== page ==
Thursday, March 31, 2005

Bouncing Bovine - Lesson 2

I have been battling depression my whole life, but when I felt like it was my job to make this one person happy, I instantly started spiraling towards this very dark place, where it was suddenly beyond depression. It was intentionally self-destructive, and opiate in origin. I had no clue how to deal with the misery I mentioned in part 1. I felt like the scum of the fucking earth because I couldn't make him happy. I felt like I couldn't be good at anything.

They don't teach you in school that narcotics are not only easy to find, but a wonderful way to forget about stress, and depression, and that pesky relationship you're sure is going to fail. You know the one, of course... we all have them at some point or another. We'd give up everything, even our soul, just to make this work... just for a bit of success.

When that time didn't come for me...when success did not grace my doorway with it's presence, I didn't give up on it. Not on him. Or on me, for that matter. I took all my stress, all my anger, my depression, everything, and I imploded with it. I turned inward. And I had a breakdown, to be perfectly honest about the matter. I *had* to make it work. I had to be successful. If I could make it work, I could conquor the fucking world.

Or that's what I thought.

They don't teach you emotions, or morals when you're in college. They don't teach you how to handle your own built up stress. I thought I had it figured out, the secret to life. Be a good person, be open, receptive, gentle, caring, compassionate, but with boundries, and while life itself may not go as planned, relationships would at least be easy. I thought this was a good plan. And it worked, for the most part. In fact, success did not come at all. I couldn't save the relationship. I couldn't make it work. I couldn't save him, and I couldn't save myself. I suppose that's my first mistake, assuming I needed to be saved.

When I couldn't make it work...and after I imploded, I lashed out, at people around me, but especially myself. I took all this internal rage, and depression, and my feelings of failure, and I turned them against myself in the form of drugs, and razor blades.

Sure, everybody knows about the typical drugs: coke, heroin, pot, acid, meth, x, oxycodone, morphine, etc etc...most people expect to do those at some point in their life. And sure, they're fun, but nobody teaches you in school about opiates. Like Hydrocodone. I slipped. I wavered. I was gone. Self destructive, and I thought I was past the point of no return. I felt as though the doors that had been opened to me, and the things that I had learned about who I am, and who I'm going to be, didn't matter, because plain and simple: I couldn't survive.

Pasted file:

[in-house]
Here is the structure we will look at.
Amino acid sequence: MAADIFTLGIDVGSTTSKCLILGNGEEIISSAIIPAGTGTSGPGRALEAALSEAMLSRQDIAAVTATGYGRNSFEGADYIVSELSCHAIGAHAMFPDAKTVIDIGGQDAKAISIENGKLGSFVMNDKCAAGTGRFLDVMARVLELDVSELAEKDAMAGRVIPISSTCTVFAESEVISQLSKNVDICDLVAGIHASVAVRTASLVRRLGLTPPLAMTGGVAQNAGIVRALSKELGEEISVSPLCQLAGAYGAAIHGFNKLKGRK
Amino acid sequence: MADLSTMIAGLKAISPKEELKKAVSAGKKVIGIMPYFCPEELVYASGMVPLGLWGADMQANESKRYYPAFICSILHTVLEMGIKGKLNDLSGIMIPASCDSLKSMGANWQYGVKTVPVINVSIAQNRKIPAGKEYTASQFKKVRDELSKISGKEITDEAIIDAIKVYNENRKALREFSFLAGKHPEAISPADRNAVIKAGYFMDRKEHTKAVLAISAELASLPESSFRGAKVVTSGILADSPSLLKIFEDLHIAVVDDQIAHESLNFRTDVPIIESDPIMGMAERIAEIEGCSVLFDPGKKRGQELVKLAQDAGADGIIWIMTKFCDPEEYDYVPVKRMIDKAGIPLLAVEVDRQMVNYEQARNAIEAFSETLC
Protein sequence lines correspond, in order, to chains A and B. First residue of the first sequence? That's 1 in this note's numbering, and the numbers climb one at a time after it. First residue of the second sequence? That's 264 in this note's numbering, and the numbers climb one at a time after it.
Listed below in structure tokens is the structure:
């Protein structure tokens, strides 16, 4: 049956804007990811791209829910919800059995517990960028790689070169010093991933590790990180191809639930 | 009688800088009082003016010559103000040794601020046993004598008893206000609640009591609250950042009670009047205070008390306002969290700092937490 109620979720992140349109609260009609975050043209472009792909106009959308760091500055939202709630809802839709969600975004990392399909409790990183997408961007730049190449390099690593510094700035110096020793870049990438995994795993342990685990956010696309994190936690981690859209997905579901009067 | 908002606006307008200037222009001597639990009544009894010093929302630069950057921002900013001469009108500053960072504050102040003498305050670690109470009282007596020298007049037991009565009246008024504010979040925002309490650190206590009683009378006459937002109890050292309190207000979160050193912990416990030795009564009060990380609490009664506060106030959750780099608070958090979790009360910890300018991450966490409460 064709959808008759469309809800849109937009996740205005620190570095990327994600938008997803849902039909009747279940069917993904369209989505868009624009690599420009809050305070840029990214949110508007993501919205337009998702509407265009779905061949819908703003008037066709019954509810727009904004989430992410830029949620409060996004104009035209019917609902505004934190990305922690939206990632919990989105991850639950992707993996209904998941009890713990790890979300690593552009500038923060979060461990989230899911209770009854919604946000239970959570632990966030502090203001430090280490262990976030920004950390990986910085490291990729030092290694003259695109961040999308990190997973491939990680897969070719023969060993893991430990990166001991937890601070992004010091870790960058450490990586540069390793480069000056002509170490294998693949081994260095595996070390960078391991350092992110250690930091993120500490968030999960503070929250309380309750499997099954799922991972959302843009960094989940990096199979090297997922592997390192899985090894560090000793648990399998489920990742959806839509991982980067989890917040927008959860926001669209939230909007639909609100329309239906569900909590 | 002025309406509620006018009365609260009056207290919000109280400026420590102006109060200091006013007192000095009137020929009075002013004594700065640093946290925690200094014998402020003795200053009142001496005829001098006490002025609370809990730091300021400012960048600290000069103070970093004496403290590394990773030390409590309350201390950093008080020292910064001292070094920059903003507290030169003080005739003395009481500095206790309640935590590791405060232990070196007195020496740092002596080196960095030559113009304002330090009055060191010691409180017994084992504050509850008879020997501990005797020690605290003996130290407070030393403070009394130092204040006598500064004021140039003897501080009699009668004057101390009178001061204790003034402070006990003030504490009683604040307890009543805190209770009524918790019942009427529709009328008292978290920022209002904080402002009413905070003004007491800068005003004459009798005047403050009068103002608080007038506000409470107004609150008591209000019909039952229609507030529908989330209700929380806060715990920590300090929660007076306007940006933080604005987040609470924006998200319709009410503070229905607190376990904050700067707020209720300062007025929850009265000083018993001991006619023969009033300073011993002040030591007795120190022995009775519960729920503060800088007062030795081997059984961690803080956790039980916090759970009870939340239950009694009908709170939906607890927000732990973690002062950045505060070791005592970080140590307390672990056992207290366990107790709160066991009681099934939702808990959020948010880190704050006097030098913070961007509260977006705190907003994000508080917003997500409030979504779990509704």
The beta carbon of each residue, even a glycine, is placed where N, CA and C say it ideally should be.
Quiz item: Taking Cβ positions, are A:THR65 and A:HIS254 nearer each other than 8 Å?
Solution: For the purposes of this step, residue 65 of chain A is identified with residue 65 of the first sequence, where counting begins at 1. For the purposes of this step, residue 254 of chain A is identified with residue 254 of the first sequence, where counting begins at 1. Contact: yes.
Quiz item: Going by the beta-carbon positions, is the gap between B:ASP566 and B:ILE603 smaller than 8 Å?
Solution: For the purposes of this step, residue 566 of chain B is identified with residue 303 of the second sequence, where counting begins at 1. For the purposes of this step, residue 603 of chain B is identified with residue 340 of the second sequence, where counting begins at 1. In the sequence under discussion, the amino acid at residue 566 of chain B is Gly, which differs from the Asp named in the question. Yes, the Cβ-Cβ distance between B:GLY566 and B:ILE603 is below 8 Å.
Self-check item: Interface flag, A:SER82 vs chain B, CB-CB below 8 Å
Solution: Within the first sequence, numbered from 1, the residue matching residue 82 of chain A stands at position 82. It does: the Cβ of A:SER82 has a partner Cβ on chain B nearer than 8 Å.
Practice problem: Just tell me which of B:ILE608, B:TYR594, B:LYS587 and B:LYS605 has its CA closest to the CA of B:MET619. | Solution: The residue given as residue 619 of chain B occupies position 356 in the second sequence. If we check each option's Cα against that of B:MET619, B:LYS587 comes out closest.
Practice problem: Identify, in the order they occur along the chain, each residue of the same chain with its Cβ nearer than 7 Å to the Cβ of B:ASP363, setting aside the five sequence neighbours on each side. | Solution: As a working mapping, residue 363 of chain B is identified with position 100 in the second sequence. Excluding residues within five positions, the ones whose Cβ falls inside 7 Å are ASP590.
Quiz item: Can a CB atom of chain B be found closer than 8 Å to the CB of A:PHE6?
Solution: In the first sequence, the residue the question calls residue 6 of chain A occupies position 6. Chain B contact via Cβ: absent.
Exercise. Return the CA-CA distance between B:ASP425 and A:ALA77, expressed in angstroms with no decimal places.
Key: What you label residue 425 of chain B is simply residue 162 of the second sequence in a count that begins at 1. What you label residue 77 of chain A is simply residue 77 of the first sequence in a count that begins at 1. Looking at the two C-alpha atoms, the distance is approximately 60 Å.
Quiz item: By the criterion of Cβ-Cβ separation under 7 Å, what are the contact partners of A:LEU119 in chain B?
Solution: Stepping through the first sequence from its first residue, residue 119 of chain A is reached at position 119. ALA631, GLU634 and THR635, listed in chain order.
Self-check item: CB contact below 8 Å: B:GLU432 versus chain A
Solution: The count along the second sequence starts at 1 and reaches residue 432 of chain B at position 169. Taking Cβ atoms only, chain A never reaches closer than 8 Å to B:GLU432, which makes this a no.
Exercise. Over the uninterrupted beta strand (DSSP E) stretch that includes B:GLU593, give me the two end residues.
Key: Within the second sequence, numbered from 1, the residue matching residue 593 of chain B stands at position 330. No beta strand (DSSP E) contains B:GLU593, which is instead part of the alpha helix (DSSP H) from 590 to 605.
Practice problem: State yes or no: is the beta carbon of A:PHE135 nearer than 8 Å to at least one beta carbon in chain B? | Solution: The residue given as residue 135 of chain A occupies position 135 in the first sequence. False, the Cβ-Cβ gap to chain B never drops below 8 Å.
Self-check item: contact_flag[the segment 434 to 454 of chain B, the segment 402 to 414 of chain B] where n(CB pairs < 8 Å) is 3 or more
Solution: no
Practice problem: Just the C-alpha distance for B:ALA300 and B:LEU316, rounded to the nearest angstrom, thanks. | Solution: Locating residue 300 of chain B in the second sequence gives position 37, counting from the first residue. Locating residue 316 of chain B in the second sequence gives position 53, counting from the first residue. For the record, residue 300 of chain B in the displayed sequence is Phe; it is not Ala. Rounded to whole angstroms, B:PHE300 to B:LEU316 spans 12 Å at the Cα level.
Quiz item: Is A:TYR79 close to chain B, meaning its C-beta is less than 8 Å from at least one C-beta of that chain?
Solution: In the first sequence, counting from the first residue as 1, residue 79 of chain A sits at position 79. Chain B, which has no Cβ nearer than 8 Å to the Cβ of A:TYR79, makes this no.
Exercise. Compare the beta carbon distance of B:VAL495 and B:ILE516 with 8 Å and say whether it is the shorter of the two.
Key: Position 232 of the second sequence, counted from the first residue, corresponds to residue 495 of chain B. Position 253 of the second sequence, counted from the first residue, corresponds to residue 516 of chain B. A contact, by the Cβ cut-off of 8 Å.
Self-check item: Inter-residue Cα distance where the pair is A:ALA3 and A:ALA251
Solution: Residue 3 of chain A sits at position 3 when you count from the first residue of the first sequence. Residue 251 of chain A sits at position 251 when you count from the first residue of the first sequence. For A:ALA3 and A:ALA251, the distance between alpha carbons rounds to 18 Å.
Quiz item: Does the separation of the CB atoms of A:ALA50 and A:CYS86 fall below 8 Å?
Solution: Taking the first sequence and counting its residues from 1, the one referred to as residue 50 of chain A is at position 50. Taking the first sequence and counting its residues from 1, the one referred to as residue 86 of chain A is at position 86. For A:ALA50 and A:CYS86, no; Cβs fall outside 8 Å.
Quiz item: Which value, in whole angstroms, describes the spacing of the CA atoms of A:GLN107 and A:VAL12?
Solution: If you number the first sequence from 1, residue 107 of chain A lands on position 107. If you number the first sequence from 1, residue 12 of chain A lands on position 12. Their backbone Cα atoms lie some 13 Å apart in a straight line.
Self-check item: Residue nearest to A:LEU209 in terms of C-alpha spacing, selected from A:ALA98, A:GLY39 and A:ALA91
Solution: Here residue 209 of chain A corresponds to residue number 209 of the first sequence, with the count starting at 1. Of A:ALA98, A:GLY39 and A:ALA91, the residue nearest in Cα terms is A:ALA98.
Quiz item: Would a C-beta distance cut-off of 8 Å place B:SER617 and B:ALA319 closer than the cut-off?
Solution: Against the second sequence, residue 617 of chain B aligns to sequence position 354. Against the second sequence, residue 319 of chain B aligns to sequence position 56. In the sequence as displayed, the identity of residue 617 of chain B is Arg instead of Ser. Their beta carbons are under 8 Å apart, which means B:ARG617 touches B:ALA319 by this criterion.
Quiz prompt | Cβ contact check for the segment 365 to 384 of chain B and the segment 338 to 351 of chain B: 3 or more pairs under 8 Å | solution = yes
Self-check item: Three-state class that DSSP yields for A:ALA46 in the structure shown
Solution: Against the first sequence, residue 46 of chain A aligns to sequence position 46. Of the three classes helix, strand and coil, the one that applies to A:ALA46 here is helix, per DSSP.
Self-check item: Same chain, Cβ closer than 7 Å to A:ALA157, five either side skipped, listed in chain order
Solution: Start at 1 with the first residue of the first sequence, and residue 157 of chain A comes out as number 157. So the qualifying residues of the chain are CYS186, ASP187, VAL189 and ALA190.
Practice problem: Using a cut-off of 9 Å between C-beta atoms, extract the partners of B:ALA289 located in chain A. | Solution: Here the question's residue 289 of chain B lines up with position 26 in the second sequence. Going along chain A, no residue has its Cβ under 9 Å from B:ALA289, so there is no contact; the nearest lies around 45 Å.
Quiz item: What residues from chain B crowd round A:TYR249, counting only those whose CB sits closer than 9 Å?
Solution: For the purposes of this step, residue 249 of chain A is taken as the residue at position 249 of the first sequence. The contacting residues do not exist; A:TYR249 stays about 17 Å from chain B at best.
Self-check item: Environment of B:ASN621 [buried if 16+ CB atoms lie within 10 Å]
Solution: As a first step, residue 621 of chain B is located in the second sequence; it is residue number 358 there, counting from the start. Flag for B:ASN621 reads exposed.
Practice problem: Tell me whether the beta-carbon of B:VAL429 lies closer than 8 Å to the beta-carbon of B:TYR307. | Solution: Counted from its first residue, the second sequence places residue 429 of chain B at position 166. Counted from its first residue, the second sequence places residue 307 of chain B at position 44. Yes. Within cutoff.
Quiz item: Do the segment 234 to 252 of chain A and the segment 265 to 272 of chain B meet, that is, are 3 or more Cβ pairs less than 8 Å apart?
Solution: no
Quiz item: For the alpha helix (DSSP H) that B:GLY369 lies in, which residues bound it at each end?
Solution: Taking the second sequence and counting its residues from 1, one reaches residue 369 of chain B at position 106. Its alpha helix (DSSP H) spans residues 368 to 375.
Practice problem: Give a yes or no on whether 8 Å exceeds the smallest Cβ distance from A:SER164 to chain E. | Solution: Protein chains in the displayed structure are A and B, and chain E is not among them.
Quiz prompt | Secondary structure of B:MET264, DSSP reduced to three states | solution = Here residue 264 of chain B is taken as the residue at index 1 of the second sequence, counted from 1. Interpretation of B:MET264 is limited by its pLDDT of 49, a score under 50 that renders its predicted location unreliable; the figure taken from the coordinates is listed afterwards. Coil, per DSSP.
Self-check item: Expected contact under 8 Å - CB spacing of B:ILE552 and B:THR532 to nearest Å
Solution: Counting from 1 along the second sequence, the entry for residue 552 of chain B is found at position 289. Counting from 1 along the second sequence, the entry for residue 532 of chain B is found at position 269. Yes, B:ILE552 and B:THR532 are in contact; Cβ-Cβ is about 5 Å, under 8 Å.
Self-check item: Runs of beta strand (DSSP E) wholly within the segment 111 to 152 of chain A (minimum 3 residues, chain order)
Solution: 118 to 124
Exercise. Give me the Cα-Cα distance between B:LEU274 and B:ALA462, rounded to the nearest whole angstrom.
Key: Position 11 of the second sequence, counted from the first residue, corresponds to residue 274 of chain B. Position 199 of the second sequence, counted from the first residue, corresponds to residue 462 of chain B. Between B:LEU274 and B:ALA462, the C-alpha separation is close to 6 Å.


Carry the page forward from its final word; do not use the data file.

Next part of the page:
I stumbled across hydrocodone, and it suddenly got better. I could deal. I could survive. I was not exactly myself, so to speak, but a calmer, more lathargic, rational, version of myself who could keep an even temper, because, plain and simple, I was practically sedated. Being sedated was nice. I didn't have to deal. I could I could be, and I could be left alone, and I could be uninterupted. Hydrocodone is how I found my calm in the eye of the storm.

Hydrocodone is a narcotic in origin, in addition to being an opiate. 5mg of hydrocodone is equivalent to 30 mg of codeine, and 15mg (1/4g) is equilivent to 10mg of morphine. Because it is prescription in nature, easy to find, and much cheaper than coke ($2-$4 a pill, and a pill will provide you with 4 lines, when you only really need 1-2 lines to get tanked), it quickly became my drug of choice. It's highly addictive. I warn you.

It creates a euphoria - much like opium and heroin - the euphoria is calm, and provides a smooth wave of serenity. The easiest way to get it into your system is to slice, and grind the pill (razor blade & state ID card) and then snort it, in a line, as if you were doing coke. The effect is almost instant, and overwhelming. To make the rush even greater, put it in a spoon, add some water, and heat it with a lighter until it steams, and then pop 2 advil. What they don't teach you is that this is a crucial event in your life. They don't teach you that you needed to do opiates; that you needed to become self destructive in order to become stronger than you were before.

It was a dark time in my life, I know this. It was dumb; I know this too. It was scary, and unreasonable. I'm not making excuses.

But I do accept it. I do appreciate what was done. I needed this knowledge, and I needed to know, beyond a doubt, that I had the strength to cope on my own.


Post a Comment

<< Home